Early in prep, director Jean-Marc Vallée kept telling his go-to cinematographer, Yves Bélanger, to go darker and darker on their HBO psychological thriller, “Sharp Objects,” by underexposing the light. It was a new experience for Bélanger, but a pivotal one, which opened his eyes to a new aesthetic on the miniseries from showrunner Marti Noxon that was adapted from Gillian Flynn’s novel.
Intuitively, it made sense. The miniseries delves into the traumatic memories of alcoholic journalist Camille (Amy Adams), who returns to her small town in Missouri to cover the murders of two teenage girls, only to slowly discover a horrifying link to her own dark past through flashbacks. Reminders occur everywhere, through the associations of objects, reflections, the trick of the light, and other sense memory jolts. The dysfunctional relationship with her domineering, socialite mother, Adora (Patricia Clarkson) is merely the kickstart for the more toxic atmosphere that inhabits the not-so-sleepy Wind Gap.
“When we were doing informal makeup and wardrobe tests with Amy, Jean-Marc was always asking me to step down the aperture,” said Bélanger. “He wanted everything underexposed, even if it’s bright on the set or outside. That was interesting and I never did it before. I was afraid it would be low key, but what happened was that the Alexa camera began to have some grain, so it looks more like a film — and we were very happy with that. The style was that I was always exposing for the brightest part of the scene. If there was only one lamp on, I would expose for the lamp. The faces would go very dark.”
Similar to their HBO series “Big Little Lies” — which premieres Season 2 in June — the main challenge for the cinematographer was matching naturalistic lighting conditions on location or in the studio (in Georgia and Northern and Southern California). “Adora’s house in the studio took two weeks to pre-light,” Bélanger said. “The control was kind of complicated, but after that it was all on computers. So we could have a day light, night scene, or sunset very fast. “
Both director and cinematographer continued their routine of relying on handheld or dolly shots, with minimal crane usage. (They quickly discovered that Clarkson was a free spirit who liked to roam away from any lighting marks, and that’s one reason why the underexposure aesthetic was well suited to “Sharp Objects.”) The primary reason, though, was to connect Camille’s past and present through jump cuts; the audience is never confused about where they were in space or time. It was only the unifying context of the painful trauma that remained a mystery until pieced together.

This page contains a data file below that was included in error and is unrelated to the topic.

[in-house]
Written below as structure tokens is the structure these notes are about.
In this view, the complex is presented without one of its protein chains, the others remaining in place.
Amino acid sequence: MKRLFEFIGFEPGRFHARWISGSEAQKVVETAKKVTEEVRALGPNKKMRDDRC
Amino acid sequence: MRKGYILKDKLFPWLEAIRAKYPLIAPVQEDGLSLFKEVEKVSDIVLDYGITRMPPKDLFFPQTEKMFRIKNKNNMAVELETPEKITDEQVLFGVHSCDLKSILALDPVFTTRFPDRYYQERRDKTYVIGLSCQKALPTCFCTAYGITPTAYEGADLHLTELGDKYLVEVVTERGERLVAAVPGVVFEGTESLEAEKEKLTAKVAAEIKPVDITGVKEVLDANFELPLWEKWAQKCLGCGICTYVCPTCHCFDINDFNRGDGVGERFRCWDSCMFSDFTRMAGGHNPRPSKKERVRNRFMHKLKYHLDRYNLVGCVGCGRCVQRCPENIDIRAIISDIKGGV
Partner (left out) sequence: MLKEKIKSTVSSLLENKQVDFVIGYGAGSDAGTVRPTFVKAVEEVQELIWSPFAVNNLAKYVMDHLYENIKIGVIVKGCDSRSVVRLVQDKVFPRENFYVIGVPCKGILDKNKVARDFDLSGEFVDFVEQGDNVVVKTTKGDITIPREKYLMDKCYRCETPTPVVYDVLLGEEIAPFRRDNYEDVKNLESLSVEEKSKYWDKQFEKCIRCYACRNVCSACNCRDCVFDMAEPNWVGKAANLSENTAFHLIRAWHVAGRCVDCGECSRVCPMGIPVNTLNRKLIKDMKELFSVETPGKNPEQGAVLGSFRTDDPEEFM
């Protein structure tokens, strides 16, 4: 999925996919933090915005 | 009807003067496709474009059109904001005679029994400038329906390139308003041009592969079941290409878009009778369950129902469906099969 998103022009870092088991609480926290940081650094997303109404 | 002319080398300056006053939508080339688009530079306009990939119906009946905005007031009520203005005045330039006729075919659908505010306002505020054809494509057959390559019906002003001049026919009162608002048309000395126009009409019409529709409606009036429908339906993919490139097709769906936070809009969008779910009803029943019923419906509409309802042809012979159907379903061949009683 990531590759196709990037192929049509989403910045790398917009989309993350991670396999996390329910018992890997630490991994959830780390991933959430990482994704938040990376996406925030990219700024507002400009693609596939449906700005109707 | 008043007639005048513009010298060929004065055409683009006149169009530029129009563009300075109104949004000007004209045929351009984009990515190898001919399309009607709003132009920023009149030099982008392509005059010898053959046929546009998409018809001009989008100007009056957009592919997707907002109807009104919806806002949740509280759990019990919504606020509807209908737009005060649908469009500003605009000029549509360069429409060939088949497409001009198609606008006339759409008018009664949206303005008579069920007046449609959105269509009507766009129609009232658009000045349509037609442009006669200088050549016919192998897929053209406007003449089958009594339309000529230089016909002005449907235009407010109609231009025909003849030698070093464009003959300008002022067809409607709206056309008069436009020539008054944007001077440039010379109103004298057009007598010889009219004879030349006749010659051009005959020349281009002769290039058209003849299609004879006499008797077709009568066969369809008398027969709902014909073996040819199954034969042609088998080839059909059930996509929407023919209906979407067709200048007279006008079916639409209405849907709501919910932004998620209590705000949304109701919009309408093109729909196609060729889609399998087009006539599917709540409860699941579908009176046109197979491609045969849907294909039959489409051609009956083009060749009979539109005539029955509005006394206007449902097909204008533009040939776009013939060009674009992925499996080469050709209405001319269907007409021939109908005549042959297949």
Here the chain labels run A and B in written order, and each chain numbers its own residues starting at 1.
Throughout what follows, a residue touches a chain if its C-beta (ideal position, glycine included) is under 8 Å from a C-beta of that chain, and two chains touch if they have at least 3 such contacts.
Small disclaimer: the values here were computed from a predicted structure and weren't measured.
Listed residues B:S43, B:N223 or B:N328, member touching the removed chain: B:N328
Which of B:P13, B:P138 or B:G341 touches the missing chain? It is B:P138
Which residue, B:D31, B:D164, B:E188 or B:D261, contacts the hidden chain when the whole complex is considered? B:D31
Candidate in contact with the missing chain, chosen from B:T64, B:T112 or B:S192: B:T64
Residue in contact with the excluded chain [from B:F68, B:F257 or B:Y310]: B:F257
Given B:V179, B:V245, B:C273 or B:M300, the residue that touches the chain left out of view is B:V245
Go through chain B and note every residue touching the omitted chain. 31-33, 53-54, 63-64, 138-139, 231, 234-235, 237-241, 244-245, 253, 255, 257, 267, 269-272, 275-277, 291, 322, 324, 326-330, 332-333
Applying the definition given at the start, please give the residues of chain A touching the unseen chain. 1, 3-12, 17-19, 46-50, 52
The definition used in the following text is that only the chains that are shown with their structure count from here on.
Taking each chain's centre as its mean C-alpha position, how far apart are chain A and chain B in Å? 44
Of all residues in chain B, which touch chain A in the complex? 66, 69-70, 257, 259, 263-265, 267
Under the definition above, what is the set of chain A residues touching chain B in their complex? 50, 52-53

“There’s a lot of going back and forth between the past and the present, and I asked Jean-Marc if he wanted different looks and he said no,” said Bélanger. “It’s too obvious to make people think that you’re in the past to change colors or overexpose. If you look at the show, you always know where you are because of the logic of the emotional memory. In each location, he asked me to have the presence of the light of the car passing by in the motel or in the bar, and sometimes you look at it and you use the passing of the light to cut to another scene or another shot. We used a pan or a cut or sometimes it’s a smell or a color [that triggers a memory], but it’s never linear.”
Anne Marie Fox/HBO
One of the cinematographer’s favorite moments occurs early on when Camille returns to Wind Gap. Sitting in bed and tracing old cracks in the ceiling, Camille drifts back 20 years when she’s in bed with Marian (Lulu Wilson), her late half-sister, repeating the same motion. When Marian suddenly convulses, the young Camille races out of the room, followed by the adult Camille. “I knew it was all going to be done in the editing,” Bélanger said. “Jean-Marc would reveal each beat as it’s in the script. As for me, I always went for the truth of the scene. If there was a green neon light coming from the window, that was it. If the wall was pink and the sunlight was hitting the wall, and the person became pink, we just played with it.”
The impact of underexposure for a darker aesthetic continues to stay with Bélanger. He used it on occasion when shooting Clint Eastwood’s “The Mule,” and will consider it in the future as well. “It changed me, for sure, this show,” he said. “When you deal with memory, you don’t see everything. Some people make it blurry, but we made it underexposed.”